On August 12, 1977, appellants' application for a vested right to subdivide tentative tract No. 543 was denied by the regional commission. On September 12, 1977, appellants applied for a coastal permit to subdivide that tentative tract. Ultimately, on July 13, 1978, following a hearing, the regional commission denied that application, again adopting findings to support its decision. This subdivision denial was predicated on several grounds under the coastal act, including premature siting of the subdivision at the fringe of the existing developed area and potential for additional pressures for further development outside the existing urban area of Cambria; increased competition for the already limited water resource within the district; inadequate provision of sewage disposal; adverse environmental impact on the extensive pine forest area; and potential for water quality and erosional problems from the proposed development. Owing to those concerns, the regional commission further found that it could not make its findings required under Public Resources Code section 30604 that the proposed subdivision would not prejudice the ability of the county to prepare a local coastal program for this area. The commission stated:
“Most importantly to approve this development would be contrary to PRC [Pub.Resources Code] 30250(a) which addresses the issue of siting new development, and would prejudice the ability of the County of San Luis Obispo to concentrate development and locate new development consistent with the availability of public services and in concert with protecting environmentally sensitive habitat areas. To approve this development would set a precedence and possibly commit the County to approving additional development which would be representative of step-development.”
“The issue of the siting of new development at the urban fringe should most appropriately be addressed in the planning process of the LCP and not on a project by project basis.”
The regional commission's denials of appellants' vested rights claim and subdivision permit application were thereafter consolidated for appeal to the California Coastal Commission. The state body thereafter found the appeals to present no substantial issue.
I. Administrative mandamus, rather than declaratory relief, is the proper remedy for challenging coastal commission permit decisions.
The law is well established that an action for declaratory relief is not appropriate to review an administrative decision. (State of California v. Superior Court (Veta) (1974) 12 Cal.3d 237, 249, 115 Cal.Rptr. 497, 524 P.2d 1281, Selby Realty Co. v. City of San Buenaventura (1973) 10 Cal.3d 110, 127, 109 Cal.Rptr. 799, 514 P.2d 111; Scott v. City of Indian Wells (1972) 6 Cal.3d 541, 546, 99 Cal.Rptr. 745, 492 P.2d 1137.) Veta specifically held:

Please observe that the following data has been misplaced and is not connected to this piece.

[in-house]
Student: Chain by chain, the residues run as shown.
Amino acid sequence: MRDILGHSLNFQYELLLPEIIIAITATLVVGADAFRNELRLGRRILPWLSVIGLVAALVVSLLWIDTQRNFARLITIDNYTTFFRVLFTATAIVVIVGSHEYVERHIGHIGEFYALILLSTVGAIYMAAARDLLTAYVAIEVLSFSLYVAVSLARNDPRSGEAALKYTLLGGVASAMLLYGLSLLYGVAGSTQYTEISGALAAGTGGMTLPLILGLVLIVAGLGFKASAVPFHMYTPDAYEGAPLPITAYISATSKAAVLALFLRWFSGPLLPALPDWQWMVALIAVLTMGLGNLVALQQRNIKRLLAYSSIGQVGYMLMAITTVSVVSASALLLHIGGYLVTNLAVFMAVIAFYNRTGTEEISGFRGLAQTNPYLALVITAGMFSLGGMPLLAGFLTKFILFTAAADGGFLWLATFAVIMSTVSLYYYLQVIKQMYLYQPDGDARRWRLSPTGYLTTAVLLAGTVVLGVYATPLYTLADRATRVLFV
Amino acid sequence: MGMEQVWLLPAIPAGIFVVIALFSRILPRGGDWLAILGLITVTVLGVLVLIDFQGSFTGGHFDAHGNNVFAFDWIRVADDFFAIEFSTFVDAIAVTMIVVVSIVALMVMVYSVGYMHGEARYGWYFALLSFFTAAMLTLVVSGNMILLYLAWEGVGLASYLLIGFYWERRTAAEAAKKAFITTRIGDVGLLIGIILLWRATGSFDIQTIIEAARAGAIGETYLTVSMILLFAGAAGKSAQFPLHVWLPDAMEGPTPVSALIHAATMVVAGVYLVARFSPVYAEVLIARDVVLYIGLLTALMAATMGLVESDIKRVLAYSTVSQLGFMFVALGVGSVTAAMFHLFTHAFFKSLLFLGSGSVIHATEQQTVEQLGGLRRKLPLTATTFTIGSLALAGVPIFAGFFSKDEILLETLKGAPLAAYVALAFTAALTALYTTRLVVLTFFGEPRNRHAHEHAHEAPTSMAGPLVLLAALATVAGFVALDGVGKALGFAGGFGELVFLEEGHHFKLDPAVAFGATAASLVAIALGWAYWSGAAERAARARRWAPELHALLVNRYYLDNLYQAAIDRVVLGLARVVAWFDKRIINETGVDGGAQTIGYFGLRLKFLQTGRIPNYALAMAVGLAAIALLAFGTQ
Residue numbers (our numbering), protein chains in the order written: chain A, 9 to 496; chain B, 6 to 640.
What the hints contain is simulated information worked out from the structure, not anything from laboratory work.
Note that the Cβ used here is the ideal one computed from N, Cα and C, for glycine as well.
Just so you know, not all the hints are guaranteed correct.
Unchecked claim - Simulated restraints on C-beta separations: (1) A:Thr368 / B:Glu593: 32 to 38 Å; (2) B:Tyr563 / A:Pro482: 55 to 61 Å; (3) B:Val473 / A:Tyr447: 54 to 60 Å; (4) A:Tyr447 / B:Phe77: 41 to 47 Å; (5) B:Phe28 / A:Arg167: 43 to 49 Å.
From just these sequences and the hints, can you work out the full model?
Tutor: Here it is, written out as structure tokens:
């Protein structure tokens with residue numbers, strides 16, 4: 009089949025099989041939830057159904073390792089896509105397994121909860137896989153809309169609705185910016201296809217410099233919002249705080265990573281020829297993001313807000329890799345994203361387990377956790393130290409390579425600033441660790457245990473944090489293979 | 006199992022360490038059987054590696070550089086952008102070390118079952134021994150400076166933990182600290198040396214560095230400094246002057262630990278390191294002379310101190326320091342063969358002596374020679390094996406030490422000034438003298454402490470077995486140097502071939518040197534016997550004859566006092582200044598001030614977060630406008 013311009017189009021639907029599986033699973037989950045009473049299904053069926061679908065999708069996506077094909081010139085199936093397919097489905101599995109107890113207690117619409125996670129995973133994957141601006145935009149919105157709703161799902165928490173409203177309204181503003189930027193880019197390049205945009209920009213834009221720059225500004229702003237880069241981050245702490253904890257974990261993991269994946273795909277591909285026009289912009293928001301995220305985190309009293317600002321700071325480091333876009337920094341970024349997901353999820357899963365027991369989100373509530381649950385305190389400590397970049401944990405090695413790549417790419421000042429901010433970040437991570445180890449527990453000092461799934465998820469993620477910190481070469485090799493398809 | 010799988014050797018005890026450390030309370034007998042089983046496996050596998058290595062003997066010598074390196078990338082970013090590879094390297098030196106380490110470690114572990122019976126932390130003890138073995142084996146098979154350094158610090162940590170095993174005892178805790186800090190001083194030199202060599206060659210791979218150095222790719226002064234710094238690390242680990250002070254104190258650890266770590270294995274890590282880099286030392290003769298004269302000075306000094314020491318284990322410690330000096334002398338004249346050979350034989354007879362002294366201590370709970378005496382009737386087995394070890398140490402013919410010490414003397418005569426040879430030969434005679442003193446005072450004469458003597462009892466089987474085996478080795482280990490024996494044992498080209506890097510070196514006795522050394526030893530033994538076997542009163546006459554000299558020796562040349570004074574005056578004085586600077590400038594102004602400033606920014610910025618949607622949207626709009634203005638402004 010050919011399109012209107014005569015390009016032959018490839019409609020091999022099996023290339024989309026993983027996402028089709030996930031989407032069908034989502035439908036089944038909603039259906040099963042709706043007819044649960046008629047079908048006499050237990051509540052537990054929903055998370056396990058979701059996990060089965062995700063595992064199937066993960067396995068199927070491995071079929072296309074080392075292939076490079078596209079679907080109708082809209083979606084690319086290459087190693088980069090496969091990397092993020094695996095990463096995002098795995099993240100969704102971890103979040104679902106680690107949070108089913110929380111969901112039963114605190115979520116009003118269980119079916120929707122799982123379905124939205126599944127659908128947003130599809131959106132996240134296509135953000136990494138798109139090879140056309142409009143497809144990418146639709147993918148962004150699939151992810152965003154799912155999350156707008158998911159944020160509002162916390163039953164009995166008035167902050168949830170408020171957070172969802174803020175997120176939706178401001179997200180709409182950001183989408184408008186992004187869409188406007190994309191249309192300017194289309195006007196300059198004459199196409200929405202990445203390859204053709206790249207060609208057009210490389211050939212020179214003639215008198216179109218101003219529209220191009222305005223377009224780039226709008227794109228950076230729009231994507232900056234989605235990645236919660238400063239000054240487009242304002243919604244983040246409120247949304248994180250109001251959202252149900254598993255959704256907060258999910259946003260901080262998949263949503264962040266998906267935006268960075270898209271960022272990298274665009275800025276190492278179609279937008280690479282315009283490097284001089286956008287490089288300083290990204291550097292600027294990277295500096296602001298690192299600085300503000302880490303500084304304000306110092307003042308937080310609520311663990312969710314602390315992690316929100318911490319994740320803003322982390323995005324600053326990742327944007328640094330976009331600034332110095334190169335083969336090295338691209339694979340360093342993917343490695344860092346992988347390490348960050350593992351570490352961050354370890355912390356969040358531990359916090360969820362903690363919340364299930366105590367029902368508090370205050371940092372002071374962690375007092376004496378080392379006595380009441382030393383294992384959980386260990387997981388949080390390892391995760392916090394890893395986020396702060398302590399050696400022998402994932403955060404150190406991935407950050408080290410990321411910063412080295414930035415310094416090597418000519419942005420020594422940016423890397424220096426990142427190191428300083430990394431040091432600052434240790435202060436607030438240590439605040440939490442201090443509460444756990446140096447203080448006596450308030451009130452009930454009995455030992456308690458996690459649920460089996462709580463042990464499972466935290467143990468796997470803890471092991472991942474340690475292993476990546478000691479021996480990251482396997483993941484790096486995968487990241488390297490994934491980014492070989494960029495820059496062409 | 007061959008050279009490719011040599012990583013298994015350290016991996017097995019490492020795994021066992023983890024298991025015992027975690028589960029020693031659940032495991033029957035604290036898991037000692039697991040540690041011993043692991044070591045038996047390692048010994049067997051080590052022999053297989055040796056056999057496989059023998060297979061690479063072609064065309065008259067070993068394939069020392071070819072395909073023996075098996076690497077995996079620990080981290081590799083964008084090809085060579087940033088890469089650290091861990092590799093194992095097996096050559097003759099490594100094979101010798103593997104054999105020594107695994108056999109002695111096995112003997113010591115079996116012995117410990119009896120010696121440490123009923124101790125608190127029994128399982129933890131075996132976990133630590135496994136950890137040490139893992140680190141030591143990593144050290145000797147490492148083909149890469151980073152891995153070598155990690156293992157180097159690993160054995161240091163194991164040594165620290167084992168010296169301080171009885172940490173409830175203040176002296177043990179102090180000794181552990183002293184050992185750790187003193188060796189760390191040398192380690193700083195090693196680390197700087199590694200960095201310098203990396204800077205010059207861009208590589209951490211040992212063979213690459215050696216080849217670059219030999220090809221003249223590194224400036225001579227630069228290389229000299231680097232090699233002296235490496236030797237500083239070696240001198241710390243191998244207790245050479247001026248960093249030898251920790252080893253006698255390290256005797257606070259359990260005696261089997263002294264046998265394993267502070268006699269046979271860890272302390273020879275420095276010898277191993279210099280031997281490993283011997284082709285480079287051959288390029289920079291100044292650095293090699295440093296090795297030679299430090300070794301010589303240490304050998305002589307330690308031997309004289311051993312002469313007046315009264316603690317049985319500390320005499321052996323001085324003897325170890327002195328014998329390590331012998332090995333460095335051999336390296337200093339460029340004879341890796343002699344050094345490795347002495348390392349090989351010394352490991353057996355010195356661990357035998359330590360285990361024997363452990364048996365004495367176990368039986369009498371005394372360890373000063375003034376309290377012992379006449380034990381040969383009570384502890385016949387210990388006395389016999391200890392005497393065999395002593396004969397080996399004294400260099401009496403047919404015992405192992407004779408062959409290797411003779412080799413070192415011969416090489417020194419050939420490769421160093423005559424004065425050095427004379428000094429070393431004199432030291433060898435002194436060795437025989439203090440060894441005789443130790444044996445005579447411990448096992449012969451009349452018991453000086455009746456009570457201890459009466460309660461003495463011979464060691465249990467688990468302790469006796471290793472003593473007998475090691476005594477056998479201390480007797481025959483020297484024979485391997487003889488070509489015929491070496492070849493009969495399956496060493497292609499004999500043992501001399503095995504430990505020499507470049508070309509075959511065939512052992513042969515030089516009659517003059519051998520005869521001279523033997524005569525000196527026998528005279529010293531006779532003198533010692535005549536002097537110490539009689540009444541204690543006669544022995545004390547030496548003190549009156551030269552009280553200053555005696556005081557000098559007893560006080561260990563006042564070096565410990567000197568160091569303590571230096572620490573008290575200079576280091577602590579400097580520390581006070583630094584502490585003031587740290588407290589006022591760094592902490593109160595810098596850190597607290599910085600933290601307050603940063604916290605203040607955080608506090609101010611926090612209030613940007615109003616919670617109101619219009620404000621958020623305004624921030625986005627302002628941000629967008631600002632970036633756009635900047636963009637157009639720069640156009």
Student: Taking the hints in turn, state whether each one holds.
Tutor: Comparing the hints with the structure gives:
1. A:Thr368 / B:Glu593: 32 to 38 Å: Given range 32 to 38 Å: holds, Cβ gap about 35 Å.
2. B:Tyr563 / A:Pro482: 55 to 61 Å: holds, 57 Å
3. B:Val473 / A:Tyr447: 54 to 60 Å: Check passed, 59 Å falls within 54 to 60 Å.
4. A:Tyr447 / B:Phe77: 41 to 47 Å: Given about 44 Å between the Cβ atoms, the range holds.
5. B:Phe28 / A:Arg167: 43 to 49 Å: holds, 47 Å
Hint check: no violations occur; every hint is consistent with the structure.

“[I]nsofar as the fourth cause of action seeking to challenge the application of the [coastal act] to [the developer Veta], the Commission is correct that Veta is essentially seeking to review the validity of an administrative action and, as discussed above, such review is properly brought under the provisions of section 1094.5 of the Code of Civil Procedure rather than by means of declaratory relief.” (12 Cal.3d at p. 251, 115 Cal.Rptr. 497, 524 P.2d 1281.)
A declaratory relief action is an appropriate remedy only if the party is seeking a declaration that a statute controlling development of coastal lands is actually unconstitutional. (Agins v. City of Tiburon (1979) 24 Cal.3d 266, 272–273, 157 Cal.Rptr. 372, 598 P.2d 25.)
Appellants' first cause of action does not challenge the constitutionality of the coastal act or any of its provisions; it merely alleges that the act has been unconstitutionally applied as to appellants' property. Thus, declaratory relief does not lie.
The cases cited by appellants do not support their contention that declaratory relief is appropriate. Sneed v. County of Riverside (1963) 218 Cal.App.2d 205, 32 Cal.Rptr. 318 does not discuss the remedy of declaratory relief. Furey v. City of Sacramento (1979) 24 Cal.3d 862, 157 Cal.Rptr. 684, 598 P.2d 844 is distinguishable. In Furey, several public entities, including the City of Sacramento, created a special assessment district in an area intended for transition from agriculture to urban development. After the city annexed the area, the county laid sewer lines and built a sewage treatment plant. Assessments were made against the plaintiff's property for these improvements. Subsequently, the city amended its zoning ordinances to retain the land as permanent agricultural and open space. Plaintiff Furey's request for reassessment of the costs of the improvements and for a refund was not responded to. The Supreme Court held that if the above facts were true, relief would lie by way of declaratory relief or mandate.